We continue to make strong progress in Latin America, showing 14% year-over-year revenue growth. During the quarter, we increased our focus on selling higher margin enterprise networking solutions. One Latin American enterprise customer that recognized the value in working with 3Com in the quarter is [Info Aero], which manages all of Brazil’s airports. The million dollar plus deal includes a complete core, edge, and wireless switching solution. Our Brazilian team established a firm working relationship with the customer and was able to offer a complete high performance networking solution at attractive price points.

Other examples of large enterprise deals in Latin America include an expansion of our existing relationship with Telefonica across all of Latin America, and wins in Mexico with the Supreme Justice Court and IMSS, the Mexican Social Security Agency.

We had another strong quarter in the Asia-Pacific region, achieving 11% year-over-year revenue growth. Earlier this month, we announced a major deal with Malaysia’s largest telecom operator, Telecom Malaysia. Telecom Malaysia has standardized the networking infrastructure of its new innovation center on 3Com core and edge solutions, and our Tipping Point security solution. The new network replaces a legacy multi-platform networking environment, improving operation efficiency.

Other key customer wins in the quarter include deals with Samsung FMI and [Yungdai] in Korea, and the multi-million dollar with the Malaysia Administrative Modernization and Management Planning Unit.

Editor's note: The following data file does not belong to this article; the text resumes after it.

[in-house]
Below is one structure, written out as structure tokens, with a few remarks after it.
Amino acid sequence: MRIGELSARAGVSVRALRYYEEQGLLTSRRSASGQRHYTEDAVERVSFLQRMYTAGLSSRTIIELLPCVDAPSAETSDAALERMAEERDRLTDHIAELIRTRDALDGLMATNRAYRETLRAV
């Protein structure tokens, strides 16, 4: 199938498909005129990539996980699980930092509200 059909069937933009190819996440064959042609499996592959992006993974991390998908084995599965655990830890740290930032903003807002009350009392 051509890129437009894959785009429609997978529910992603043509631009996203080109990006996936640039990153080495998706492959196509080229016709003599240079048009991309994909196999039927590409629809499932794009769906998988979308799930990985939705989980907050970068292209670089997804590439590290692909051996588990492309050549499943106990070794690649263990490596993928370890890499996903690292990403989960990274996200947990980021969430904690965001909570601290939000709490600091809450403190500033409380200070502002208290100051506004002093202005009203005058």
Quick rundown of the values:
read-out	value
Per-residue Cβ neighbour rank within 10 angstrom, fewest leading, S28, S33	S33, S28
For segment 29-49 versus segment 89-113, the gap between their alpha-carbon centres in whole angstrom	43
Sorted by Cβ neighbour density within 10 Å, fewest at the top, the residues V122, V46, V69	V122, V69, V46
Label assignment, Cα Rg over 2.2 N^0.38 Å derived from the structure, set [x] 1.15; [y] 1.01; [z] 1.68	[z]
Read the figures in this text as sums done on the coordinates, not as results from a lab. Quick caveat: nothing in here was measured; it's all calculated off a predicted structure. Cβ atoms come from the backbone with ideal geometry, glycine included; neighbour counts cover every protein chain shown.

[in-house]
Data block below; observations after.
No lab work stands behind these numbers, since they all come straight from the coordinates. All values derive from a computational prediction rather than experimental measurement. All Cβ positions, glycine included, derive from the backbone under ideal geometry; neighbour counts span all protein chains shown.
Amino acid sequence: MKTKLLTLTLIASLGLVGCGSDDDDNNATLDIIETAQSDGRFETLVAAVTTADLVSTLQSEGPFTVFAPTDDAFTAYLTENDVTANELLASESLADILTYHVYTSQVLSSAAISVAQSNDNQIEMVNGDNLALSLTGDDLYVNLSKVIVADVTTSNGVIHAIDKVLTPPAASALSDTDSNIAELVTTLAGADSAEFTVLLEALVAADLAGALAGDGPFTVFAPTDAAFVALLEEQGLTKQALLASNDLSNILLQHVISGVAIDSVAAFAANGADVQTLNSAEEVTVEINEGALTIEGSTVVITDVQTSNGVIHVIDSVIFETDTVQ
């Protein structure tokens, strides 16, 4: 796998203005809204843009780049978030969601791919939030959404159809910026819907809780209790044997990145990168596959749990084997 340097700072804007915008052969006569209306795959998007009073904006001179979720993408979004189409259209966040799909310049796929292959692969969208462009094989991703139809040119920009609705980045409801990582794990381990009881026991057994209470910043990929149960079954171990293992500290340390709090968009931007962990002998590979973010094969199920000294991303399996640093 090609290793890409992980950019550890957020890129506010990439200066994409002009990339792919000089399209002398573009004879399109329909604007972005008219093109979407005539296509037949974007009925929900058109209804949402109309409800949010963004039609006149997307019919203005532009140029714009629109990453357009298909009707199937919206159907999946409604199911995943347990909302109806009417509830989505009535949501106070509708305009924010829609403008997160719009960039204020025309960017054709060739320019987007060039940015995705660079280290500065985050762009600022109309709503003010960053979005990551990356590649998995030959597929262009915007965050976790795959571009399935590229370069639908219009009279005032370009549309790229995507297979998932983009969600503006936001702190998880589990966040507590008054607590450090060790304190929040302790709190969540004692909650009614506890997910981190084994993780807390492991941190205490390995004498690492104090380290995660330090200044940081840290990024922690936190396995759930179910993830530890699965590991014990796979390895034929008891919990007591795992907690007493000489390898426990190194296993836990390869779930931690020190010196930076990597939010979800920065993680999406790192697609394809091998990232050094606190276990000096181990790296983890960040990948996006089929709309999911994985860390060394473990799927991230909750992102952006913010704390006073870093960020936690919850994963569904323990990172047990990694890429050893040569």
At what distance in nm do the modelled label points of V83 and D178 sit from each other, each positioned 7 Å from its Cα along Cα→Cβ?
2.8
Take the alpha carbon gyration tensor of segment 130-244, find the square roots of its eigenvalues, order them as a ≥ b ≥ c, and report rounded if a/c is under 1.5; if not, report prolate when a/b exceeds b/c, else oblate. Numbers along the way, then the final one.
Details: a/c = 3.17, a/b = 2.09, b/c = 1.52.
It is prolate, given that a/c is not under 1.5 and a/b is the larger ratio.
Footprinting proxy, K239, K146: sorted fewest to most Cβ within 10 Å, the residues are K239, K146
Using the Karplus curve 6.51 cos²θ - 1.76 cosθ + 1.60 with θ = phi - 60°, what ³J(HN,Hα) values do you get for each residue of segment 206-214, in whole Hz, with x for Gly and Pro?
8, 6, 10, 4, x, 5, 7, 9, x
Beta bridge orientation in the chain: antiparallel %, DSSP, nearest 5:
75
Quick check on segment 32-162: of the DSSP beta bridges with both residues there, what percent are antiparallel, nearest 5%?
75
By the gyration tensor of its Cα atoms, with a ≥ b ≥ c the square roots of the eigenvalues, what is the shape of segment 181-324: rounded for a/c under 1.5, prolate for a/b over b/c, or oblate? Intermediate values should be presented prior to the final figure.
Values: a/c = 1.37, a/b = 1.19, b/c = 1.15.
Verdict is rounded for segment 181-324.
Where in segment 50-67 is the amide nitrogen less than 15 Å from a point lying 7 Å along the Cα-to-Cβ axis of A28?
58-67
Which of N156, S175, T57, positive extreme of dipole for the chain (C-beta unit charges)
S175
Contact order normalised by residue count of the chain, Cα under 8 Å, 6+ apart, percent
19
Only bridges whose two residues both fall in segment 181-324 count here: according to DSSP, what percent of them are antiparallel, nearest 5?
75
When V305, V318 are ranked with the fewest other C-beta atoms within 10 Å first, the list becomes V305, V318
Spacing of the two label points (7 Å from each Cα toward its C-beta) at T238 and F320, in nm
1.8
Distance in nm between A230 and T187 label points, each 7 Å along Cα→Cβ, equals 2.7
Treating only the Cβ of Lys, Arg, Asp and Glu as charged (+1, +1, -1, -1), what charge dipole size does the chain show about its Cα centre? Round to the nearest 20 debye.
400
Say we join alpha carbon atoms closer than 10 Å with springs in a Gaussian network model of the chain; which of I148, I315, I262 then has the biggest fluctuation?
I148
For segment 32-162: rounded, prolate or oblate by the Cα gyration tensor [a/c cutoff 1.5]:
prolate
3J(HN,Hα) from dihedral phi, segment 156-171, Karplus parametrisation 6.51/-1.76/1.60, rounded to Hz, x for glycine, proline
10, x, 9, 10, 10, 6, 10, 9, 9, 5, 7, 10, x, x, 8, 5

While we are gaining traction in large enterprises in North America, we have seen a significant slow-down in this geography. We saw year-over-year and sequential revenue decline modestly in the second quarter, which we attribute to the economic environment.

In Q2, we continued to make progress in winning larger deals in the higher education vertical, with wins including the University of North Florida and [inaudible] University. We also extended our relationship with GE Medical, as they continue to purchase additional products from our switching portfolio.

Q2 was a difficult one in our EMEA region overall. Several sub-regions within the region, including the Middle East, Central Europe and Eastern Europe, did show good year-over-year growth. On the other hand, Northern Europe, Spain, and Italy showed significant weakness due to difficult credit and foreign exchange conditions. Despite generally difficult conditions in EMEA, our pipeline activities remained strong. We announced several important wins in the quarter, which suggest that our overall strategy is gaining traction.

For example, we announced that we won an exclusive multi-year, multi-million dollar contract to provide the Government of Israel with advanced networking solutions for its new LAN infrastructure project. The Israeli Government determined that 3Com provided the best value for an end-to-end solution in support of their plans to build a modern network to support its growing online initiatives.